the quality of which compares favorably with Disney, to the piano solo of
“Johnny Comes Marching Home” that punctuates a brilliantly simple presentation
on the Civil War’s death toll, this is a museum that dares to get your
Will be prototype
The museum joins the Abraham Lincoln Presidential Library, which opened last
fall, in a sprawling $150 million taxpayer-funded complex that should suit the
needs of serious Lincoln scholars while supplying plenty of the
bells-and-whistles that today’s kids prefer.
Organizers say there’s never been a presidential library and museum like it,
which I’m in no position to either confirm or deny, but I can promise you there
will be others like it in the future. This will be the prototype.
In the Land of Lincoln, it’s amazing sometimes how much we take the 16th
president of the United States for granted and how little most of us know about
him, as I was reminded on a family vacation last year to Washington, D.C., and
Gettysburg. This should help change that.
One of the strengths of the new museum is that there isn’t the same
sugar-coating we usually get with the mythical Lincoln.
“He became a legend, and we haven’t seen him clearly since,” says the
narrator of another special-effects filled theater presentation that sharpens
Richard Norton Smith, the museum’s executive director who gave me the tour,
said many of those who have visited it so far have commented on how they hadn’t
realized how unpopular Lincoln was during his presidency, or how he was vilified
in the press.
The museum doesn’t flinch from race. In a room depicting Lincoln with his
Cabinet members debating whether to issue the Emancipation Proclamation, there’s
a written synopsis of where each of the men stood.
‘Spoiled their children rotten’
For Attorney General Edward Bates, it says: “Although against black equality,
Bates gave his unreserved support to the Proclamation. He hoped and assumed that
once free, all Negroes would leave the United States to colonize Central
Does the museum have shortcomings? Certainly.
As it stands now, there’s no way for everybody to get as good a tour as I
received from Smith, who wove together the various exhibits with some of the
rich details and anecdotes that bring history alive.
For instance, while viewing a scene depicting two of Lincoln’s boys
misbehaving in his law office while he tries to work, Smith observed: “The
Lincolns were very indulgent parents. The consensus in Springfield was they
spoiled their children rotten.”
The exhibit itself isn’t as frank.
I suggest the museum immediately develop one of those tape-recorded
audiophone tours using Smith’s narration. I’m also a little concerned about
traffic flow, or how well the museum will handle big crowds.For that reason, I’d
recommend waiting a few months to visit while they work out the bugs. That
should give Smith enough time to tape his narrated tour.
Building is no beauty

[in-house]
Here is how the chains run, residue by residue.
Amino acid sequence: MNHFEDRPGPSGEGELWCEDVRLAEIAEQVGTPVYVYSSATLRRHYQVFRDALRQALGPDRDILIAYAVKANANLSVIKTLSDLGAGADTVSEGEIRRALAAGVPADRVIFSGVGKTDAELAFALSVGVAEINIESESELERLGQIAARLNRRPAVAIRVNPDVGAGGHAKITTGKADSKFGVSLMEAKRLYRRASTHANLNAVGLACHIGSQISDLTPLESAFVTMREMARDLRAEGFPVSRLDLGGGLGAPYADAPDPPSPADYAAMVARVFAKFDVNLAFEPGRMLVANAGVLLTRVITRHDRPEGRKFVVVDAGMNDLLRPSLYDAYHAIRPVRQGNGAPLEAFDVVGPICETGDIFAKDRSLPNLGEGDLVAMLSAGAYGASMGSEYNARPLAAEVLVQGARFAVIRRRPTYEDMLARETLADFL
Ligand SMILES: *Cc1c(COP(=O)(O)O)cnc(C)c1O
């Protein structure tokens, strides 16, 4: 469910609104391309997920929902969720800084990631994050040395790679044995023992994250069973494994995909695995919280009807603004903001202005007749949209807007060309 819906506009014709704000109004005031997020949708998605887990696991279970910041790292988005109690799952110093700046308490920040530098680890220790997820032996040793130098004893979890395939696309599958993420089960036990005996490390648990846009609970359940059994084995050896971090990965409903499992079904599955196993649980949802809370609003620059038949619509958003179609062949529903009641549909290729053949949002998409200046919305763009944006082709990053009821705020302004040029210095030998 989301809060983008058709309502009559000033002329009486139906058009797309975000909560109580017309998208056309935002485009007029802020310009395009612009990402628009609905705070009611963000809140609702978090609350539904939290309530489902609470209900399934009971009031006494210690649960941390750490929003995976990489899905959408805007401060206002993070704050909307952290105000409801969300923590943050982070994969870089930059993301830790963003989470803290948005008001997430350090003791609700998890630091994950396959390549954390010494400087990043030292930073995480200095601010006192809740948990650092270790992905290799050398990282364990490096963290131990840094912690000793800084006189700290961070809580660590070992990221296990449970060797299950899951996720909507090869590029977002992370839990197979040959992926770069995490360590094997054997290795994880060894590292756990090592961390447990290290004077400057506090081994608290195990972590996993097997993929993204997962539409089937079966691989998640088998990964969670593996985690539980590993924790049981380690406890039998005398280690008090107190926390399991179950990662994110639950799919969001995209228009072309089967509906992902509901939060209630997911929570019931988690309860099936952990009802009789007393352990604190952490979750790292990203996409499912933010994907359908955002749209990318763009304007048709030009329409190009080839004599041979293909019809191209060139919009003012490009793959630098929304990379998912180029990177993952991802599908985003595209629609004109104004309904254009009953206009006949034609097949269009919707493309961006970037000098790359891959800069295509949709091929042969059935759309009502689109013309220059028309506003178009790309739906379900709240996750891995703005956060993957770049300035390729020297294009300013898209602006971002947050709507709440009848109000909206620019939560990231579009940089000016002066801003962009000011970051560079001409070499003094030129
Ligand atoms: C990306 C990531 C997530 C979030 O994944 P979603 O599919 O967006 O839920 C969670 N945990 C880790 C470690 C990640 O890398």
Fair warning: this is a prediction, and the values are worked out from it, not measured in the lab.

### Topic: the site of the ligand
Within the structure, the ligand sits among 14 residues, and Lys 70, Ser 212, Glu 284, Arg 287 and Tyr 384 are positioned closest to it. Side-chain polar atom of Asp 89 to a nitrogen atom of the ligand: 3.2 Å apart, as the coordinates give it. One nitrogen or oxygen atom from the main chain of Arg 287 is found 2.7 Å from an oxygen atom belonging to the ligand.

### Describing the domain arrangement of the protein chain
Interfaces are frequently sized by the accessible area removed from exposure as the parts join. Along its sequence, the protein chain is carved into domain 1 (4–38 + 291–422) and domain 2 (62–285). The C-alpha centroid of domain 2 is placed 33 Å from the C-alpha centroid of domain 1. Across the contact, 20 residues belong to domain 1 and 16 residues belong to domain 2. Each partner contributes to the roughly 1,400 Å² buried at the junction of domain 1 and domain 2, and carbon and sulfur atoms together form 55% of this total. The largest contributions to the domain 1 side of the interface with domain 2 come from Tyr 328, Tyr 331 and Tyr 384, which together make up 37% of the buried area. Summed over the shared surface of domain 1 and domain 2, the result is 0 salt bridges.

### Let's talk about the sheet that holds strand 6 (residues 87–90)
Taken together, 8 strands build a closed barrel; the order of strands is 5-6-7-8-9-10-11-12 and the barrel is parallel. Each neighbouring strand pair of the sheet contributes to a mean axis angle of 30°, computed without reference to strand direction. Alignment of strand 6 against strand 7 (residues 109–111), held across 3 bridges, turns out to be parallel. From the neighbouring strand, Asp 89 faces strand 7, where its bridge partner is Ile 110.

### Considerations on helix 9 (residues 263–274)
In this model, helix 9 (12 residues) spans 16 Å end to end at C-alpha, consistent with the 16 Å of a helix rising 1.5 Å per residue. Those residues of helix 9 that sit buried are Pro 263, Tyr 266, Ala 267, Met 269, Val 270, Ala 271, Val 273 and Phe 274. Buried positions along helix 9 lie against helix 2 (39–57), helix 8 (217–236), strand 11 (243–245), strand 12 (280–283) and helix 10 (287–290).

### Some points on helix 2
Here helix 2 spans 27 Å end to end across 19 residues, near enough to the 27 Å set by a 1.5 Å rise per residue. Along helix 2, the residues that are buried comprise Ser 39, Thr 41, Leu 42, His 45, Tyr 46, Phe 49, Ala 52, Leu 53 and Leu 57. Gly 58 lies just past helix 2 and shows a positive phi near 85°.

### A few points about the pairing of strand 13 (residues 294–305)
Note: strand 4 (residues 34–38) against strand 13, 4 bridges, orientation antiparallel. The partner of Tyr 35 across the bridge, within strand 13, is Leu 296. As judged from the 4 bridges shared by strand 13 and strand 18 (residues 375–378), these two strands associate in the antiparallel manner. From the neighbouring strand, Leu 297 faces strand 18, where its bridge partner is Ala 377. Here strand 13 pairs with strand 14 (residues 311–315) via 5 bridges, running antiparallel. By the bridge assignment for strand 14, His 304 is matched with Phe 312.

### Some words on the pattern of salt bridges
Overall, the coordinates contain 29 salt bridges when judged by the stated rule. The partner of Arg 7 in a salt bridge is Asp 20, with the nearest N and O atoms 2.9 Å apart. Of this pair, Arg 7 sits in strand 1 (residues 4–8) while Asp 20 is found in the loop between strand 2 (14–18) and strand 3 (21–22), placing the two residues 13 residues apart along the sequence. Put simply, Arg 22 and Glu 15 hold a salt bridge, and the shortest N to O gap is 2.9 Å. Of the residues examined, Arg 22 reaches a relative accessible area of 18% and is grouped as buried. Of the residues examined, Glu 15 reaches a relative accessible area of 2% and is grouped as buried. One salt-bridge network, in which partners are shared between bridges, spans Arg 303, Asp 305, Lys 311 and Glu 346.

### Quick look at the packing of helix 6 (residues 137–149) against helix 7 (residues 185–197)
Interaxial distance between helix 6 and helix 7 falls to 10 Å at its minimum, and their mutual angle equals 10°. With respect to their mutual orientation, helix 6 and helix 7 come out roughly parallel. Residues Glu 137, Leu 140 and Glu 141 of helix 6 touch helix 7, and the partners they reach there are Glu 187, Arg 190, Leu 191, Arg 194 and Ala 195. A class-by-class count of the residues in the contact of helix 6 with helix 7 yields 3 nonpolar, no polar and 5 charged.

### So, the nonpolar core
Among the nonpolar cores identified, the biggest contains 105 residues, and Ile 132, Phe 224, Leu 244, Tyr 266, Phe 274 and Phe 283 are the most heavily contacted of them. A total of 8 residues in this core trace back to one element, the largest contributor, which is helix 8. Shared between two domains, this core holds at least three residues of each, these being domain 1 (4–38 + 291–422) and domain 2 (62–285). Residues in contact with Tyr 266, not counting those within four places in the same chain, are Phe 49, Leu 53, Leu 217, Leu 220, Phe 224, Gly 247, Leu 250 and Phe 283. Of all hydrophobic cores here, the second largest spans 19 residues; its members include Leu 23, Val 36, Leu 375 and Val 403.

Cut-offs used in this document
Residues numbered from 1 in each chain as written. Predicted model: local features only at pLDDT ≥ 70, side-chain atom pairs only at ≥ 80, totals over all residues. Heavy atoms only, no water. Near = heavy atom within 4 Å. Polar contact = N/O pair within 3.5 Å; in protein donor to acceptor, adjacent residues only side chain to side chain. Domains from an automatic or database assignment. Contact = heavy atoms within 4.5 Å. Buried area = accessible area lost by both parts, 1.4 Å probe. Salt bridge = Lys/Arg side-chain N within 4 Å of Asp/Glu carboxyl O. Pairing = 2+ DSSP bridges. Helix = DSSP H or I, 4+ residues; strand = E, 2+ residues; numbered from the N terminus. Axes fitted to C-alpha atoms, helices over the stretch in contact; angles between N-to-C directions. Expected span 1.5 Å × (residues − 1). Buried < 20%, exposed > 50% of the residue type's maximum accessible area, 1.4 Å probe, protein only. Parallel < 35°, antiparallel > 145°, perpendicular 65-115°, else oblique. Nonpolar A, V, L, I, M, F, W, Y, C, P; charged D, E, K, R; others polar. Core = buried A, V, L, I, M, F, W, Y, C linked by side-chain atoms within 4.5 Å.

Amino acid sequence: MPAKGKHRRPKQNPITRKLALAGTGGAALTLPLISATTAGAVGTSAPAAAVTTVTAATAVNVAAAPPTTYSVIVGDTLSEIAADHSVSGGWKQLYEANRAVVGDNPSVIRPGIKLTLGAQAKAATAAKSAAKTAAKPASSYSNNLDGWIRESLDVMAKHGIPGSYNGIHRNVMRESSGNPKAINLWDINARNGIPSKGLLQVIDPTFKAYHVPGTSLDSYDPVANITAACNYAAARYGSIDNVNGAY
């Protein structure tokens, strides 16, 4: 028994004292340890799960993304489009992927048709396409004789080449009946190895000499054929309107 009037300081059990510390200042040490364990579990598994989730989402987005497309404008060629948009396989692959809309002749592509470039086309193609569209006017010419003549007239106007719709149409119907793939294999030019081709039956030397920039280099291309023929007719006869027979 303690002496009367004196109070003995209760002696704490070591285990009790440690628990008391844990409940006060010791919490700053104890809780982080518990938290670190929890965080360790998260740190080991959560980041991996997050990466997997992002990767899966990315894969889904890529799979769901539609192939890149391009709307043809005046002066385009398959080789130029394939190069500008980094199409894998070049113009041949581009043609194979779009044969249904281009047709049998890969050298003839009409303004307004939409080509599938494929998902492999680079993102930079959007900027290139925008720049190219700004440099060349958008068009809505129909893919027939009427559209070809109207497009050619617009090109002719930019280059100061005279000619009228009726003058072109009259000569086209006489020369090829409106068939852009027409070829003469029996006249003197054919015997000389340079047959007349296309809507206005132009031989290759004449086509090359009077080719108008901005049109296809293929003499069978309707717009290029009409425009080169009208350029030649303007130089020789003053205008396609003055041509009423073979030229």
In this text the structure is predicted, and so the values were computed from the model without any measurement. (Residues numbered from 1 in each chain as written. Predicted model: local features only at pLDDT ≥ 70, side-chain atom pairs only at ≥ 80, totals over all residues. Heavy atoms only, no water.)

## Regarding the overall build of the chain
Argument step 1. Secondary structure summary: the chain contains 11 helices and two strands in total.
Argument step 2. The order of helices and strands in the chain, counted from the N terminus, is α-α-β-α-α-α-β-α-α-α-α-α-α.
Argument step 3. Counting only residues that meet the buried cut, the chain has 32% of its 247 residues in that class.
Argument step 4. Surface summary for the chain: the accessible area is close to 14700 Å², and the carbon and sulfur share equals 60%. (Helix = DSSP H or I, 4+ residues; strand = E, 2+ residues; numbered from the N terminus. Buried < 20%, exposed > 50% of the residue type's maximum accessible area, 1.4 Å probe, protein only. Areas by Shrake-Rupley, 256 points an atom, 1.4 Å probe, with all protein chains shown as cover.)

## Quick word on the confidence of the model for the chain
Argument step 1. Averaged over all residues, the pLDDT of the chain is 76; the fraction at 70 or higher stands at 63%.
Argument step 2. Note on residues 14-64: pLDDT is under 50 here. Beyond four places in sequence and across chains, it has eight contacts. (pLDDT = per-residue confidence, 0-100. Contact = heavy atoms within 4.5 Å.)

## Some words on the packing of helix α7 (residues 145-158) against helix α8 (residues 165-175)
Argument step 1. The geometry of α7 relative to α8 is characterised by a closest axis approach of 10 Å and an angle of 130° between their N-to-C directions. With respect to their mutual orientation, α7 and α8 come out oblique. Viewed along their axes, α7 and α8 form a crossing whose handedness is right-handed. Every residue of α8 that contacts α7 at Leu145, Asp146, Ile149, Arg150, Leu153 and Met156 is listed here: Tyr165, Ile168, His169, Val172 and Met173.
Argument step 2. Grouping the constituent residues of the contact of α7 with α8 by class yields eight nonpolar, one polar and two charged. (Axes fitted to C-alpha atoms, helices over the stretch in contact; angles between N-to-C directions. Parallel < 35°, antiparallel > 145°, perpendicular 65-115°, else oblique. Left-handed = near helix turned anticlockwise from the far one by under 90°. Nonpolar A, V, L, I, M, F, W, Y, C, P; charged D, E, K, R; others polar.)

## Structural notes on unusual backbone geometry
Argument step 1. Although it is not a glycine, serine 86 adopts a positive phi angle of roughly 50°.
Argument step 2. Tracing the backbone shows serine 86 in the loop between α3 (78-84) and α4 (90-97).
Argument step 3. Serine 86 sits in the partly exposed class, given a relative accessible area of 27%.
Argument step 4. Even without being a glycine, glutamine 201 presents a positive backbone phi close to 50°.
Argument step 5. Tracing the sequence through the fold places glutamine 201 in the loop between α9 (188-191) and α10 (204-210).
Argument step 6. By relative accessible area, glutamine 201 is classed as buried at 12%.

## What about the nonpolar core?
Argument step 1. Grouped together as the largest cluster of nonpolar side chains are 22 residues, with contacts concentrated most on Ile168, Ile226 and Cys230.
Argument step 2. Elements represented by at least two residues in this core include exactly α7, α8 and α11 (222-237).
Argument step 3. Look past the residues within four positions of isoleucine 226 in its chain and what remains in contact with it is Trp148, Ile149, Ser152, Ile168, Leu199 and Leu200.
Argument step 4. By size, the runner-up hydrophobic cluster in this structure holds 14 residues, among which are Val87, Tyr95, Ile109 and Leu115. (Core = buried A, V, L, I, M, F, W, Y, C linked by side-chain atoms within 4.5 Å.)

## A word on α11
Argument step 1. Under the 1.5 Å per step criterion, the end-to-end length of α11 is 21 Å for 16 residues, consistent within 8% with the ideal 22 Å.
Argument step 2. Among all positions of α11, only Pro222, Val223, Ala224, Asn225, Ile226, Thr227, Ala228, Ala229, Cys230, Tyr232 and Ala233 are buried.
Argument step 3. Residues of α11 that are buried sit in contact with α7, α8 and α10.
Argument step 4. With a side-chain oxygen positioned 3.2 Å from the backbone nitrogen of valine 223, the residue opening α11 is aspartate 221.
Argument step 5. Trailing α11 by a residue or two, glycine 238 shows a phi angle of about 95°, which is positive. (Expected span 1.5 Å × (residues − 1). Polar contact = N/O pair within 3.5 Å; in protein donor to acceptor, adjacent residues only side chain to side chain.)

I suppose you could sniff about the architecture, if that were your only
point of reference. The building is no beauty, but it doesn’t detract from the
experience.Smith’s hope is the museum will serve as a catalyst to draw visitors
to other Lincoln historical sites, especially those in Illinois.
My suggestion would be to combine the new presidential museum with some
combination of Lincoln’s home, the Old State Capitol, Lincoln’s Tomb or New
Salem.You want the kids to appreciate real historical settings, too. The Ford’s
Theater portion of the museum is decent, but it doesn’t compare with seeing the
Springfield field trips will never be the same.
Fascinating trivia about Illinois food products
center of a Tootsie Pop?Call it the first nationally publicized bit of food trivia, not that the
question was ever answered definitively. Sure, it was a great marketing
campaign, but it might also have been the first time people thought about the
minutiae of their foodstuffs.
In the spirit of the Tootsie Roll question, we gathered interesting and fun
facts about some Illinois-produced foods to whet your curiosity and your
In case you never answered the Tootsie Pop question for yourself, some high
school students have. They found that, in general, boys get to the Tootsie Roll
faster than girls. Boys averaged 1,240 licks to the girls’ 1,660. Get more
details at www.geocities.com/NapaValley/9528/.
It started as the perfect way to top off the perfect steak at Eli’s The Place
for Steak restaurant in Chicago. But the cheesecake became so popular, it became
an institution itself. Now Eli’s Cheesecake sells a variety of cheesecakes
around the world. Visitors can tour the factory in Chicago or take a virtual
tour online: www.elicheesecake.com.
The following tasty trivia comes from Eli’s Web site and Mary Gale, executive
assistant to Eli’s president Marc Schulman.
How many orders for custom cakes (which Eli’s calls “C-cakes®”) does Eli’s
More than 1,000. When a customer orders an Eli’s custom cake, they get to
choose the type of Eli’s cheesecake they want and the toppings they want on it.
What’s the most popular custom cake ordered?
Original Plain Cheesecake topped with a bed of caramel, pecans or pralines,
and chocolate curls.
How many types of cheesecake does Eli’s make?
More than 50.
How many eggs does Eli’s use each year for cheesecakes?
More than a quarter million.
What’s the best way to cut a cheesecake?
If it’s frozen, partially thaw the cheesecake, then cut it with a knife
that’s been dipped in hot water.
Is Eli’s Cheesecake New York or French style?
It’s Chicago style, baked with a “high profile” and a firm outside and creamy